Mosaic / January 25, 2017

Playground provides experience for writers

Playground, an event put on in Studio Theatre, consists of several “bare stage” plays, or productions with no backdrop, costuming or props. Playwrights submit scripts that they want to see performed, so they can get an ear for the dialogue. It’s also an opportunity for actors and directors who want to get involved with Theatre, but can’t work with a long-term commitment.

The only things the audience see are the actors and the director seated onstage. This barren aesthetic is much different than that of a fully produced show. Although this may seem odd, to go to a play just to listen to dialogue, it is immensely helpful in the revision process for the writers and directors who are participating. Each writer has a different process in completing these productions and crafting their story on stage.

(Utsah Pandey/TKS)

Megan Molloy – Writer

Senior Megan Molloy’s play, “Almost Neverland,” is being featured in Playground this term. She began working on the piece in her Beginning Playwriting class. It follows the evolution of the friendship and mental health of the two main characters as they grow up. She first got the idea for the play in the fall of 2015, and started working on it in workshop that winter.

“I left it alone for a little while, so it could breathe, so I could stop editing the same part over and over again,” said Molloy. “I think it needs new eyes, so I can get some perspective.”

The inspiration for this play comes from her hometown, where everybody knows someone with an eating disorder, to the point that it’s a part of that place’s culture. In this play, she wanted to examine this through a new lens. “I have more specific insight against stereotypes, like everybody assumes things about the mothers of people that have eating disorders, and I’ve talked to a lot of people specifically about that. The thing I most specifically want to point out is that like, I did pageants, but my mom didn’t force it on me,” said Molloy. For her, Playground is a “staged workshop, it’s for playing with plays.”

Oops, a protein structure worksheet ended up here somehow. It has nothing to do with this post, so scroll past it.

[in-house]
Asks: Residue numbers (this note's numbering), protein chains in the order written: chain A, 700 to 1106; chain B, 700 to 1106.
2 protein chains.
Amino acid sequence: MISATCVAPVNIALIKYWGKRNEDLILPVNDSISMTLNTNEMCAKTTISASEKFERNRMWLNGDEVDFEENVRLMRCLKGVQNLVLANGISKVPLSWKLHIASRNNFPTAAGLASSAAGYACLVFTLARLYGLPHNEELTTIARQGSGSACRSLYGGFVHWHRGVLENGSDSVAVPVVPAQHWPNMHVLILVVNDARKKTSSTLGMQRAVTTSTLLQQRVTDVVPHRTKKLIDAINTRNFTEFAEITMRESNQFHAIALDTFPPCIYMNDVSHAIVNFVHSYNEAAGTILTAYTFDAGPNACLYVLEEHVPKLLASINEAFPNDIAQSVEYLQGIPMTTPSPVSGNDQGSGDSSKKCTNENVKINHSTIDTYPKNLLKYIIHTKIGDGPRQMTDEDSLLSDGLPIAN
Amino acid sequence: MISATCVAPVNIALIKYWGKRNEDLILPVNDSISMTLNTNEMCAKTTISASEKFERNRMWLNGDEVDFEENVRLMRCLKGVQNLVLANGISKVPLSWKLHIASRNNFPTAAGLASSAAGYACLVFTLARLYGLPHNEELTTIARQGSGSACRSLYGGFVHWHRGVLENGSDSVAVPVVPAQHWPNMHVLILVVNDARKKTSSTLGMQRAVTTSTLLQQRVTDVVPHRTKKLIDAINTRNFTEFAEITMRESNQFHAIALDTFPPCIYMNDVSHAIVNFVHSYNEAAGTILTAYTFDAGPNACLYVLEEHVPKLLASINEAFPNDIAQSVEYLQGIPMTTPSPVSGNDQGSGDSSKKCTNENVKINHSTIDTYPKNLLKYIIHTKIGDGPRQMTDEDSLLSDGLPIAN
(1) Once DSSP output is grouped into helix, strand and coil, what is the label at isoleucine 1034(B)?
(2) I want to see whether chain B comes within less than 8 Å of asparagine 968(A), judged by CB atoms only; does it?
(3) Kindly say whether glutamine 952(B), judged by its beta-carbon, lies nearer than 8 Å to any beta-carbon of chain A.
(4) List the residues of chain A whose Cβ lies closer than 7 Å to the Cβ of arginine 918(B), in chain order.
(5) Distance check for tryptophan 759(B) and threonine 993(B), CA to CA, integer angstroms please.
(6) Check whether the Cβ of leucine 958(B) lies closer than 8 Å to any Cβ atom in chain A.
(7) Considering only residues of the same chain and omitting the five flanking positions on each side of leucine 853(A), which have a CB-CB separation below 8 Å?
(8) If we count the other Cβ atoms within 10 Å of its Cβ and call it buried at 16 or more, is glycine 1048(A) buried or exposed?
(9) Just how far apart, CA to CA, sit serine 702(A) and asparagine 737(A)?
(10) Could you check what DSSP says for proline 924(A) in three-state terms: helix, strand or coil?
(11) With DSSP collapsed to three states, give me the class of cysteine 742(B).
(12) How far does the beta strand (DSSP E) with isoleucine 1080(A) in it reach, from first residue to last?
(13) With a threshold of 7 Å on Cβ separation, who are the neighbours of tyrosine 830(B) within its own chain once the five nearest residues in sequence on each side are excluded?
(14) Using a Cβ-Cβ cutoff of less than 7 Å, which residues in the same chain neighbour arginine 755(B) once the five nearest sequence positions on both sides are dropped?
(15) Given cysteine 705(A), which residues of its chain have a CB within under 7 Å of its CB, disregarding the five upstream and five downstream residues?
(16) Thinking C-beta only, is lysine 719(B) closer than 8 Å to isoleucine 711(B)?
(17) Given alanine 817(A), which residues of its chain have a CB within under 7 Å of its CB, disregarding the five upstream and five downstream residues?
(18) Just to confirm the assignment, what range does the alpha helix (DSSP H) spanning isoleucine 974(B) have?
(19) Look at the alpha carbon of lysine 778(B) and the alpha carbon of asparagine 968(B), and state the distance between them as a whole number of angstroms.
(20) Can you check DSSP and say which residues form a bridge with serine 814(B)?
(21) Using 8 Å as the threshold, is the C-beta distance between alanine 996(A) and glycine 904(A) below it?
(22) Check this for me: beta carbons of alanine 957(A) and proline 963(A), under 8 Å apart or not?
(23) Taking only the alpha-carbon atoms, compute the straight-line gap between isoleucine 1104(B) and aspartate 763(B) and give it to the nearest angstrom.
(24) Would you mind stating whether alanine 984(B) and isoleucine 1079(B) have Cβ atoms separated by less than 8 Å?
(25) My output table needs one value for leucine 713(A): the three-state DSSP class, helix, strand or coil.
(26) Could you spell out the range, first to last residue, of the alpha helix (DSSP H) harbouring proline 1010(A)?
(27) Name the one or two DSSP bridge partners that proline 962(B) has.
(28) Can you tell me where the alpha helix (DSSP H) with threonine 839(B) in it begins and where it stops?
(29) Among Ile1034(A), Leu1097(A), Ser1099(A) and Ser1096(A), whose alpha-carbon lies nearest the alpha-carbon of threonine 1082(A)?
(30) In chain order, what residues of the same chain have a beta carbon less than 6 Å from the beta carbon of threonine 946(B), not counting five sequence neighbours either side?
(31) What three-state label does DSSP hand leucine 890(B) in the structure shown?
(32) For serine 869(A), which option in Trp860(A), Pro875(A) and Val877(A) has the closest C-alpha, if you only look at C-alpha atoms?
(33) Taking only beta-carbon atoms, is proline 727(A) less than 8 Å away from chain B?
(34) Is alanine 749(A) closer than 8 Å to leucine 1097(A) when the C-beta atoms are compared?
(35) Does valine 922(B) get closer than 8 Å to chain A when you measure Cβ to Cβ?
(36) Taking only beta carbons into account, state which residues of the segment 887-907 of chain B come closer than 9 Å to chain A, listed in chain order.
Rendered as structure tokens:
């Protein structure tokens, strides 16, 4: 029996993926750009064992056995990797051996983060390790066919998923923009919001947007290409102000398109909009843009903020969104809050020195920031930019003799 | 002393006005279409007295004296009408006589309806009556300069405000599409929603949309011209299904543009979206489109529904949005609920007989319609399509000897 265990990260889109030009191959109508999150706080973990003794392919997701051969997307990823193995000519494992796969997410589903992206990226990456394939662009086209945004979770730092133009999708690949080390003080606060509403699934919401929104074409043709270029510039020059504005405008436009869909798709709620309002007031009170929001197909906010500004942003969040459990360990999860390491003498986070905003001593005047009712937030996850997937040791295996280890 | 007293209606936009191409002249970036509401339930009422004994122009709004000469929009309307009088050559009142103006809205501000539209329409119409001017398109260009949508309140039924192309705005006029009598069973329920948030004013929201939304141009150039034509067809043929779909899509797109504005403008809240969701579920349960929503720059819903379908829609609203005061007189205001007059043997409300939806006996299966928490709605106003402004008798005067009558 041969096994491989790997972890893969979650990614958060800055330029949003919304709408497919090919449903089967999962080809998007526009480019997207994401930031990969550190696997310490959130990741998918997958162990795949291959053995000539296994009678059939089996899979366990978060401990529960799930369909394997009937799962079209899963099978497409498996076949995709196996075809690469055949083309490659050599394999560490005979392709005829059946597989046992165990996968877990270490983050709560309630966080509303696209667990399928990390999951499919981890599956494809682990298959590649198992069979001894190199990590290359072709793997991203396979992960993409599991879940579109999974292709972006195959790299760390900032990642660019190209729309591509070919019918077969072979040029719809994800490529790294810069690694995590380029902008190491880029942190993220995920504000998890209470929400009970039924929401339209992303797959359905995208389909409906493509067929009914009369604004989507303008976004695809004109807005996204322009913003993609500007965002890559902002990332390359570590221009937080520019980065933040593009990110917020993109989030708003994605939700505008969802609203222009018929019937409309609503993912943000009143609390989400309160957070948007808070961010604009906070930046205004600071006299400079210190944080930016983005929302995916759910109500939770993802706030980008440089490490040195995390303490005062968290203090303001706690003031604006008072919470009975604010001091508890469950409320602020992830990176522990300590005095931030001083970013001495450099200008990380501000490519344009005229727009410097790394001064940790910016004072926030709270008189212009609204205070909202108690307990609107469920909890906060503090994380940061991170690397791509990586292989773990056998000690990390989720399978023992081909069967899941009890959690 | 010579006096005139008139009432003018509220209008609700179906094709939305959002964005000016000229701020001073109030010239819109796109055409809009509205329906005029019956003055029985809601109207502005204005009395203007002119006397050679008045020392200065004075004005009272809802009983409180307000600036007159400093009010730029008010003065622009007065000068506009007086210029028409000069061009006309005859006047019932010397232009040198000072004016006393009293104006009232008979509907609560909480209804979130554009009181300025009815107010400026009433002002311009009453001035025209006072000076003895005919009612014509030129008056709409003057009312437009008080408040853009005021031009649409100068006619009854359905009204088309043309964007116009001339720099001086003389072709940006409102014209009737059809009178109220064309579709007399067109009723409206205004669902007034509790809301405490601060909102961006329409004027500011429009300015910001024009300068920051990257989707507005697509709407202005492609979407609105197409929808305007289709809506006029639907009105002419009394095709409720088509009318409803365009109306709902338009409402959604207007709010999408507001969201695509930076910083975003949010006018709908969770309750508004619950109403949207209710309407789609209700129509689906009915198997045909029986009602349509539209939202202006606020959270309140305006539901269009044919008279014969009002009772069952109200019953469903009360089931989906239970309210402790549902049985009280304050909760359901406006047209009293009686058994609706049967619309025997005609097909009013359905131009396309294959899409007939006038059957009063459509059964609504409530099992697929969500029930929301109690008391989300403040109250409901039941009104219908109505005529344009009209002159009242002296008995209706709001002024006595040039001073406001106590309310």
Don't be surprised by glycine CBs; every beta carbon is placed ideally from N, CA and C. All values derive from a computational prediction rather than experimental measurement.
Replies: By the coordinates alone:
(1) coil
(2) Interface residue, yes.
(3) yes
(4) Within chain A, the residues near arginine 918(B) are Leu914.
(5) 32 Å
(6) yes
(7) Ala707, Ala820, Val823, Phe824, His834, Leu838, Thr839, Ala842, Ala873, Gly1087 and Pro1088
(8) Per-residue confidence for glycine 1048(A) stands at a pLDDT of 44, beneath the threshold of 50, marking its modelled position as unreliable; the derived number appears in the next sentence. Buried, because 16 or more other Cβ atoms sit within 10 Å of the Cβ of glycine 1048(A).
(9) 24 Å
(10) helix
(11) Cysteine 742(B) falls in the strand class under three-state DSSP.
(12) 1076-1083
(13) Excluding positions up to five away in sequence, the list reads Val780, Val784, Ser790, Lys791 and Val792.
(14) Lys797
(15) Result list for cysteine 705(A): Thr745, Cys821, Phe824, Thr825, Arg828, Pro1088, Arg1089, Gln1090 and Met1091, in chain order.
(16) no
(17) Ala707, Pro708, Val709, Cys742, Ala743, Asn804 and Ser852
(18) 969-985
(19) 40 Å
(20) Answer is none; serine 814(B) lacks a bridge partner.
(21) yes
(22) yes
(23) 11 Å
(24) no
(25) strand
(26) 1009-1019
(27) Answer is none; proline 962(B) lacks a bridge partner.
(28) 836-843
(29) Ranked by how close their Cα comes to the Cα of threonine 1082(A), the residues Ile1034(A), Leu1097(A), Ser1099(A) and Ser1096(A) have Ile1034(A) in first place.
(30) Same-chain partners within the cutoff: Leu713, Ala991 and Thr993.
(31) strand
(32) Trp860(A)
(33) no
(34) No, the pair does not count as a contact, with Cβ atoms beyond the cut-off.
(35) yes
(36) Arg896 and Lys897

(Theresa Murphy/TKS)

Deja Jenkins – Director/Writer

Last term, Sophomore Deja Jenkins submitted her play, “Perturbed,” to Playground. She wrote this play last year, for Beginning Playwriting and workshopped it there first. After Professor of Theatre Neil Blackadder encouraged his class to submit to Playground, she did so and workshopped it there as well. Now, she is directing “Perturbed” in Studio Theatre, her first time acting as a director.

“It’s about troubled youth that have some mental health issues,” said Jenkins. “They’ve been living in a house to kind of wait until they get their shit together, and one night one of them is like, ‘Alright, I’ve got to get out of here, I don’t want to feel like a patient anymore.’ And the friends are like, ‘Either don’t go or let me come with you,’ so they kind of decide that they’ve got to go.”

The point of doing a bare stage is to get familiar with the characters and the space of the stage. For Jenkins, this process will help her get an even deeper understanding and improve her characters and dialogue.

“So far it’s been pretty easy, the actors seem to understand it pretty well and we’re on the same page,” said Jenkins.

(Theresa Murphy/TKS)

Jennie Jeoung – Writer

Sophomore Jennie Jeoung’s play is all about lucid dreaming: a form of sleep when you become aware that you are dreaming, and you can control what happens. The main character tells her best friend, Clara, about lucid dreaming. Her friend, a big fan of Shakespeare, is convinced to try lucid dreaming about him and his world, and then things go wrong.

“Basically there’s this girl, and she knows how to lucid dream, and she has a crush on someone, and she lucid dreams about doing things with her crush,” said Jeung.

She began working on this play last term, while taking Beginning Playwriting. Since she personally enjoys lucid dreaming, she thought it would be an interesting topic to explore in her writing.

“[Lucid dreaming] is really interesting, you know that you’re dreaming, but it doesn’t feel like you’re dreaming, it feels so real, and you can do whatever you want,” said Jeung. “I hope people enjoy it, especially because lucid dreaming isn’t a well-known thing, so I hope they understand what’s going on.”

Elizabeth Clay

Tags:  About experience Playgrounds playwrights Talks Writers

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